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  • Hemlock Woolly Adelgid

      The Hemlock Woolly Adelgid is a small sap-sucking insect, originally from Asia, which is      killing hemlock trees throughout the state. The Department is raising and releasing    Laricobius nigrinus, the Derodontidae beetle, that feeds on hemlock woolly adelgid.            Some hemlock stands are slowly rebounding, indicating the beetles released in the            past might be impacting the adelgid problem.

    Release of Sasajiscymnus tsugae, Scymnus sinuanodulus (Coleoptera: Coccinellidae) and Laricobius nigrinus (Coleoptera: Derodontidae) on the Hemlock Woolly Adelgid Report 2017

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  • Mexican Bean Beetles

     Mexican Bean Beetles feed on the foliage of soybeans, snap beans and lima beans, reducing   the crop yield. Since 1980, with support from the New Jersey Soybean Board, the   laboratory has been releasing a parasitic wasp, Pediobius foveolatus, in New Jersey soybean   fields to control this pest. The wasp, which cannot survive NJ winters, attacks the larvae of   the Mexican bean beetle, and must be reared in the laboratory and released into soybean   fields each summer.

     Mexican Bean Beetle. Photo by: Whitney Cranshaw, Colorado State   University,

    It has been very effective at controlling bean beetles; virtually no insecticides have been applied to the state’s soybean crop in recent years and pesticide applications for bean beetle control have been reduced on snap beans and lima beans, saving growers hundreds of thousands of dollars annually and reducing insecticide applications by thousands of pounds.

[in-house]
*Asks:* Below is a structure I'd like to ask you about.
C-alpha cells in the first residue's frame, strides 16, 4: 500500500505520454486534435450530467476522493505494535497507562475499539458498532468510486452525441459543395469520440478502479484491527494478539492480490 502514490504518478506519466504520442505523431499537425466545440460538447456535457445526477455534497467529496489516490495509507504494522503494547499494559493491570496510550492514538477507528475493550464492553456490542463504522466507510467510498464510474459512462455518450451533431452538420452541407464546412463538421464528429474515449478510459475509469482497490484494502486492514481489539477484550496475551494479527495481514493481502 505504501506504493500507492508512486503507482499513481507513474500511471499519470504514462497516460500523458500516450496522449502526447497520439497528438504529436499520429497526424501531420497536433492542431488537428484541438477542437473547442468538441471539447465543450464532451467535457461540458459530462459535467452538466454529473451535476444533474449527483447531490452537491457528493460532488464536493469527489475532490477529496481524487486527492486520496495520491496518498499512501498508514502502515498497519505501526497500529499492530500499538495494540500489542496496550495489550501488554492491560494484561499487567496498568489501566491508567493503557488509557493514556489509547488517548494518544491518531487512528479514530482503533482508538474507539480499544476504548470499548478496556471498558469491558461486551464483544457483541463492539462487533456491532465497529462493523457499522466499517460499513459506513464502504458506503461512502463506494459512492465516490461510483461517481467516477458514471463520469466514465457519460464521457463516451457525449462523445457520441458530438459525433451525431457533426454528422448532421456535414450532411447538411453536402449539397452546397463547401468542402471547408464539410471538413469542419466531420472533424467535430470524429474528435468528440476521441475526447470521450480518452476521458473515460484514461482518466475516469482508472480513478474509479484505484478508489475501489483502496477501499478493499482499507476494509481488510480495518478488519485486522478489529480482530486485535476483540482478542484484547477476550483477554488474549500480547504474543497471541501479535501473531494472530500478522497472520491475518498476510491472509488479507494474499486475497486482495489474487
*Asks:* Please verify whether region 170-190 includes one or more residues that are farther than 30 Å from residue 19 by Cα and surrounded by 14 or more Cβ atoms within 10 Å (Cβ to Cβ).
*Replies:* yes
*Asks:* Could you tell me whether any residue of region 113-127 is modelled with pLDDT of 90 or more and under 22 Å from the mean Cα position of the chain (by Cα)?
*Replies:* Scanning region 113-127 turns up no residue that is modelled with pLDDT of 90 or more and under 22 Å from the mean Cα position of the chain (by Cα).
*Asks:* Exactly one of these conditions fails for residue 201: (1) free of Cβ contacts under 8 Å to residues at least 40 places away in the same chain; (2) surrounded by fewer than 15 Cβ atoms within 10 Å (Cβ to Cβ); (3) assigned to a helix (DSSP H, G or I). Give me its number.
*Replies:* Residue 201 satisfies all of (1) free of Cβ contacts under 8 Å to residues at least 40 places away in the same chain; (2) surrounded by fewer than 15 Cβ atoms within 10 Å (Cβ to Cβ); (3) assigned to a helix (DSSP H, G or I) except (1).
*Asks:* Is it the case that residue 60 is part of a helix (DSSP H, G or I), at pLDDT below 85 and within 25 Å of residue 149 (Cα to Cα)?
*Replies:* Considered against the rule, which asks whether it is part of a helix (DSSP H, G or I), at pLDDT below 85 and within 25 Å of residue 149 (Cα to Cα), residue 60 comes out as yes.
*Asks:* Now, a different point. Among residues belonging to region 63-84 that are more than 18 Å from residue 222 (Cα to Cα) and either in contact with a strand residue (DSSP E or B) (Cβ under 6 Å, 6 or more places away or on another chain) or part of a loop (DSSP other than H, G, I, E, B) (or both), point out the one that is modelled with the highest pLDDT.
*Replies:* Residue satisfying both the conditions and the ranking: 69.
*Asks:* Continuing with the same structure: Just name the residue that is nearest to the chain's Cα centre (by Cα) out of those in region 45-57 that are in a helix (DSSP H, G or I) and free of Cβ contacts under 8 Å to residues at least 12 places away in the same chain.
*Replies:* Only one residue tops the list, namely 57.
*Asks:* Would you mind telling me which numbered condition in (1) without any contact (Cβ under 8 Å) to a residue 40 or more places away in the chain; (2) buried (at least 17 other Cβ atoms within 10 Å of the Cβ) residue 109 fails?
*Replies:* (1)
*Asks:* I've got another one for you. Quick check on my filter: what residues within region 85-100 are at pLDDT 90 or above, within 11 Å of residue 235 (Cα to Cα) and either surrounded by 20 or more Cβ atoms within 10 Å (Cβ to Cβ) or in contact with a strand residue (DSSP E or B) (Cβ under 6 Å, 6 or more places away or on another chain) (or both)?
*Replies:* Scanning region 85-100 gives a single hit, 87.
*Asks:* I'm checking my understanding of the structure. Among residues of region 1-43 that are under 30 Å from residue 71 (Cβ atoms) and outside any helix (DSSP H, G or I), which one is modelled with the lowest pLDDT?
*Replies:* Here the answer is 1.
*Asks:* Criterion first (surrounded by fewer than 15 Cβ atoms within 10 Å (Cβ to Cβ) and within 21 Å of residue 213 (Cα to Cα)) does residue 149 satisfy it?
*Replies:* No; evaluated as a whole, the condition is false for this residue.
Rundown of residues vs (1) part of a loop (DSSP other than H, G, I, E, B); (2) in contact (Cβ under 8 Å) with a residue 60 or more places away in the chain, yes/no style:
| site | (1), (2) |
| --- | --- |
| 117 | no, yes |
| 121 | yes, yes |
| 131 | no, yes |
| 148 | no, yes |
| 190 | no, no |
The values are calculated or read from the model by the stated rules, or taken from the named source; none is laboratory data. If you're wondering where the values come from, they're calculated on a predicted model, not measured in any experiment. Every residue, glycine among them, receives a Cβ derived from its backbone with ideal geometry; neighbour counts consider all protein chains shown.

Biological Control of the Mexican Bean Beetle using the Parasitic Wasp Report 2017

    Pediobius attacking Mexican Bean Beetle larvae 

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  • Scale

    Scale insects suck the sap from stems and leaves. Euonymus scale and alatus scale feed on ornamental euonymus bushes, causing them to drop their leaves. This is a particularly serious problem in landscapes. Cybocephalus sp. nr. nipponicus, a tiny scale-eating beetle from China, has successfully been laboratory reared and released in the landscape on plants infested with Euonymus scale and Euonymus alatus scale.

    Cybocephalus nipponicus

    Cybocephalus will feed on a number of species of hard shell scales, including the Elongate Hemlock Scale, commonly found in hemlock trees feeding on needles and causing a decline in the trees. Beetles were observed feeding on Elongate Hemlock Scale in Mercer and Monmouth Counties through natural dispersal from Euonymus Scale release sites.

    The Department of Agriculture has established a number of release sites in hemlock stands in Northern New Jersey and has cooperated with University researchers, as well as out of state agencies in the Northeast to study its effects on Elongate Hemlock Scale

    Mass Release and Recovery of Cybocephalus nipponicus on Elongate Hemlock Scale Final Report

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  • Tarnished Plant Bugs